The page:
As 2018 continues to be the annus horribilis of audit, bean counters are finding that sector reviews are, as the saying goes, like buses.
With news this week that MPs are going to launch their own super-inquiry, the sector now faces six reviews.
If that seems like more than you’ve got to grips with, here’s a quick breakdown of the six horsemen of the audit apocalypse.
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1. The CMA’s review of audit competition
The Competition and Markets Authority (CMA) announced two weeks ago that it was undertaking a market study of the audit sector, in particular looking at whether the Big Four accountancy firms – Deloitte, EY, KPMG and PwC – were crushing out competition from smaller firms.
The Big Four have been accused of “cartel”-like behaviour, and were the focus of a damning joint-committee report by MPs earlier this year for their role in the collapse of construction giant Carillion.
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The CMA aims to make a quick hit at the sector: stakeholders have to report by early next week, and the CMA, led by Andrew Tyrie, will make a report before the end of the year. Its recommendations could lead to the introduction of new measures to improve competition, or even a wholesale break-up of the Big Four.
2. John Kingman’s review of the FRC
Sir John Kingman, the chairman at Legal & General, was tasked by the government this summer with reviewing the operations of the Financial Reporting Council (FRC), the audit watchdog. In the wake of Carillion, MPs accused the regulator of “toothlessness”, saying that it had failed to clamp down on mistakes and misconduct in the sector. It’s chief executive, Stephen Haddrill, has said he will step down at the end of next year.
Alongside his main review into the FRC, which may result in extended powers for the regulator, Kingman has been asked by business secretary Greg Clark to look at ways the audit procurement procedure can be improved, particularly for major companies.
Kingman is expected to report before the end of the year.
3. Labour’s review of the sector
Labour has been outspoken on audit since Carillion’s collapse: the damning joint parliamentary select committee report into Carillion’s collapse was led by Frank Field (who has since become an independent) and Rachel Reeves, and shadow chancellor John McDonnell has suggested that Big Four breakup could be on the cards.
McDonnell has commissioned Professor Prem Sikka, an academic at the University of Sheffield, to review the sector and make recommendations.
Sikka is expected to report before the end of the year, and is likely to be strongly critical of business practices among the Big Four and across the sector more generally.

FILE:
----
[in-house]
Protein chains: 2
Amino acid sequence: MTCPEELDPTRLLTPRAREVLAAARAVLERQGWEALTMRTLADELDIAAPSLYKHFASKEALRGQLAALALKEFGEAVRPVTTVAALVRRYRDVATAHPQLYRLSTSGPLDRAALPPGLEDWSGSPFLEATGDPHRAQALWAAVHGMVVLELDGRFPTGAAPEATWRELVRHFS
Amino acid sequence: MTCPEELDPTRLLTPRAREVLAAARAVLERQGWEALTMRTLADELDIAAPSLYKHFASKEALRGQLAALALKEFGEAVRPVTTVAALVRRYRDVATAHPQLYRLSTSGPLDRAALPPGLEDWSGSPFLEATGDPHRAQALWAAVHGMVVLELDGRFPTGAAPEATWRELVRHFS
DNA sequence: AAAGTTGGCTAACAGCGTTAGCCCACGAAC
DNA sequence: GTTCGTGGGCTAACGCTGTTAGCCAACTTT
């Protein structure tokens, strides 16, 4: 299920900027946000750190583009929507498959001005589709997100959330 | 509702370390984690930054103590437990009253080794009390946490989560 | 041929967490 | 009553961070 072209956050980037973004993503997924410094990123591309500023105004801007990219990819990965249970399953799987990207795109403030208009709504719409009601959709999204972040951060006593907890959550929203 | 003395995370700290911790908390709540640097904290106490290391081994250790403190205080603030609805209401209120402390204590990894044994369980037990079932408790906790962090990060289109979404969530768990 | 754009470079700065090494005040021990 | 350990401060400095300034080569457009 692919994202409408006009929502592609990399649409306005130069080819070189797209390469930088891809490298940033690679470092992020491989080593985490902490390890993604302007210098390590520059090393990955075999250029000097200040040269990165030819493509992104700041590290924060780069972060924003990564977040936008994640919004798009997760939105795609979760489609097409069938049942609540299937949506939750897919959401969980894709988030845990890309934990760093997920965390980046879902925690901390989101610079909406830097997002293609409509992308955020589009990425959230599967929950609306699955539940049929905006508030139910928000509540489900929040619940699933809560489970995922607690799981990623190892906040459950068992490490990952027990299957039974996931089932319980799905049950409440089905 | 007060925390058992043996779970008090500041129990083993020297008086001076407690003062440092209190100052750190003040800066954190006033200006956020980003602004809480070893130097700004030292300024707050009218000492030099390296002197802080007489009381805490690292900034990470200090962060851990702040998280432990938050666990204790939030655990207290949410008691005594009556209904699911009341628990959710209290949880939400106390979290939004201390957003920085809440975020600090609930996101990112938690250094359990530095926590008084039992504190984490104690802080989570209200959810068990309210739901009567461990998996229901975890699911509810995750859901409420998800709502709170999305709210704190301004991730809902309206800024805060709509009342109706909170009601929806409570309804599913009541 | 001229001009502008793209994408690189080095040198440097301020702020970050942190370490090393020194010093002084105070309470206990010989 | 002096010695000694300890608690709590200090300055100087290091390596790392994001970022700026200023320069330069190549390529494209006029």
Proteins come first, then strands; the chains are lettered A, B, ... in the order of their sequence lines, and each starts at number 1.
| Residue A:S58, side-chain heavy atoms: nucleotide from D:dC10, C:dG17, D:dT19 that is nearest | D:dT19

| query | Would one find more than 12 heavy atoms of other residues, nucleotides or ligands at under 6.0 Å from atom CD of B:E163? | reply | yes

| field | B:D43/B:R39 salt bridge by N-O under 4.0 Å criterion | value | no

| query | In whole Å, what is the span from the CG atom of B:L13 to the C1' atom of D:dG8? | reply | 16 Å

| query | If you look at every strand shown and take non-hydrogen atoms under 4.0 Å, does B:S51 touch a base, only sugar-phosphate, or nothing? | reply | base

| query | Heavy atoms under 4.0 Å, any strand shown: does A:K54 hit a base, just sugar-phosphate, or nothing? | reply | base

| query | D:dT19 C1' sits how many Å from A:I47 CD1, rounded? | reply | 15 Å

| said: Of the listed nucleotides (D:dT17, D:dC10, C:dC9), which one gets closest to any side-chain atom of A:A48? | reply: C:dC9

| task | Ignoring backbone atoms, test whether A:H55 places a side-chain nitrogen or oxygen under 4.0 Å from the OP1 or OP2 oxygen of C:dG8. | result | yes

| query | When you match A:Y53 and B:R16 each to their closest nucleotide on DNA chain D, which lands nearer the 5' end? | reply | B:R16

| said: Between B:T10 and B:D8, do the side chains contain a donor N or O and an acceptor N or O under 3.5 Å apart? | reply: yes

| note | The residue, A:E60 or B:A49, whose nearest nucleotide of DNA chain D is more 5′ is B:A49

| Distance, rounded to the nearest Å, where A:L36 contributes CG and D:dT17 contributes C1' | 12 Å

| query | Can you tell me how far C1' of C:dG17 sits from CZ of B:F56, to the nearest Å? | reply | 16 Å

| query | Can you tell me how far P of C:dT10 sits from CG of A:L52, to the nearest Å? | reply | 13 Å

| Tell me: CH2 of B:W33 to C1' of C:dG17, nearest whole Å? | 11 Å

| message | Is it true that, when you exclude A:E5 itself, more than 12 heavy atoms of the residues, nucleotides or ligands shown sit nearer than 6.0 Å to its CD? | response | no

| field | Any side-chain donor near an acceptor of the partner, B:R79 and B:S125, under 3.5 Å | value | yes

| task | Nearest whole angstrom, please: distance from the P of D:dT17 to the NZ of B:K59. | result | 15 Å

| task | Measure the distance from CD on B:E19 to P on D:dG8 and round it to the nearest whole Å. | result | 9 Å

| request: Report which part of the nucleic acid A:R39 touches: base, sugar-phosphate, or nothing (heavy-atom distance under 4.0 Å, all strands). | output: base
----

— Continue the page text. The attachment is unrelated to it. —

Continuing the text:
4. The FRC’s review of itself and the sector
Pre-empting the CMA launching a review, and in anticipation of Kingman’s report, the FRC used the release of its “Developments in Audit” report to launch a review of the sector, aiming to tackle a perceived erosion in public trust.
The FRC plans measures including heightened monitoring, new standards for determining risks and a review of auditing ethics.
There’s no set reporting date, but the FRC is unlikely to move to make any major changes before Kingman makes his report.
5. The AQF’s review of the audit
If that wasn’t enough, the Audit Quality Forum (AQF) – formed by the Institute of Chartered Accountants in England and Wales (ICAEW), the Department for Business, Energy & Industrial Strategy (Beis) and the FRC – is choosing a leader for a review into the product of audit itself, mysteriously dubbed ‘Project Flora’.
This review has been in the pipeline for a while, predating contemporary Carillion controversies. Its scope is likely to be quite broad: looking at standards and technology, and aiming to find at ways to close the sector’s expectations gap – the gulf between what auditors actually do, and what the public think they do.
The AQF review is expected to launch in January.
6. The Beis committee review of the CMA and Kingman reviews
Just when it seemed like audit had reached peak review, another one appeared: the Business, Energy & Industrial Strategy Select Committee (led by Labour’s Rachel Reeves), announced its own review in November, which will invite responses to the findings of Kingman and the CMA, and seek suggestions for further changes.
The committee will begin to call witnesses in January, including bosses from Big Four and challenger firms, and key figures from the sector. Asked why another review was needed, Reeves told City A.M. she felt “It’s important to do this in the public eye”. As it aims to absorb Kingman’s findings and the the initial CMA findings in order to push the competition watchdog towards firm action, it is likely to run for several months.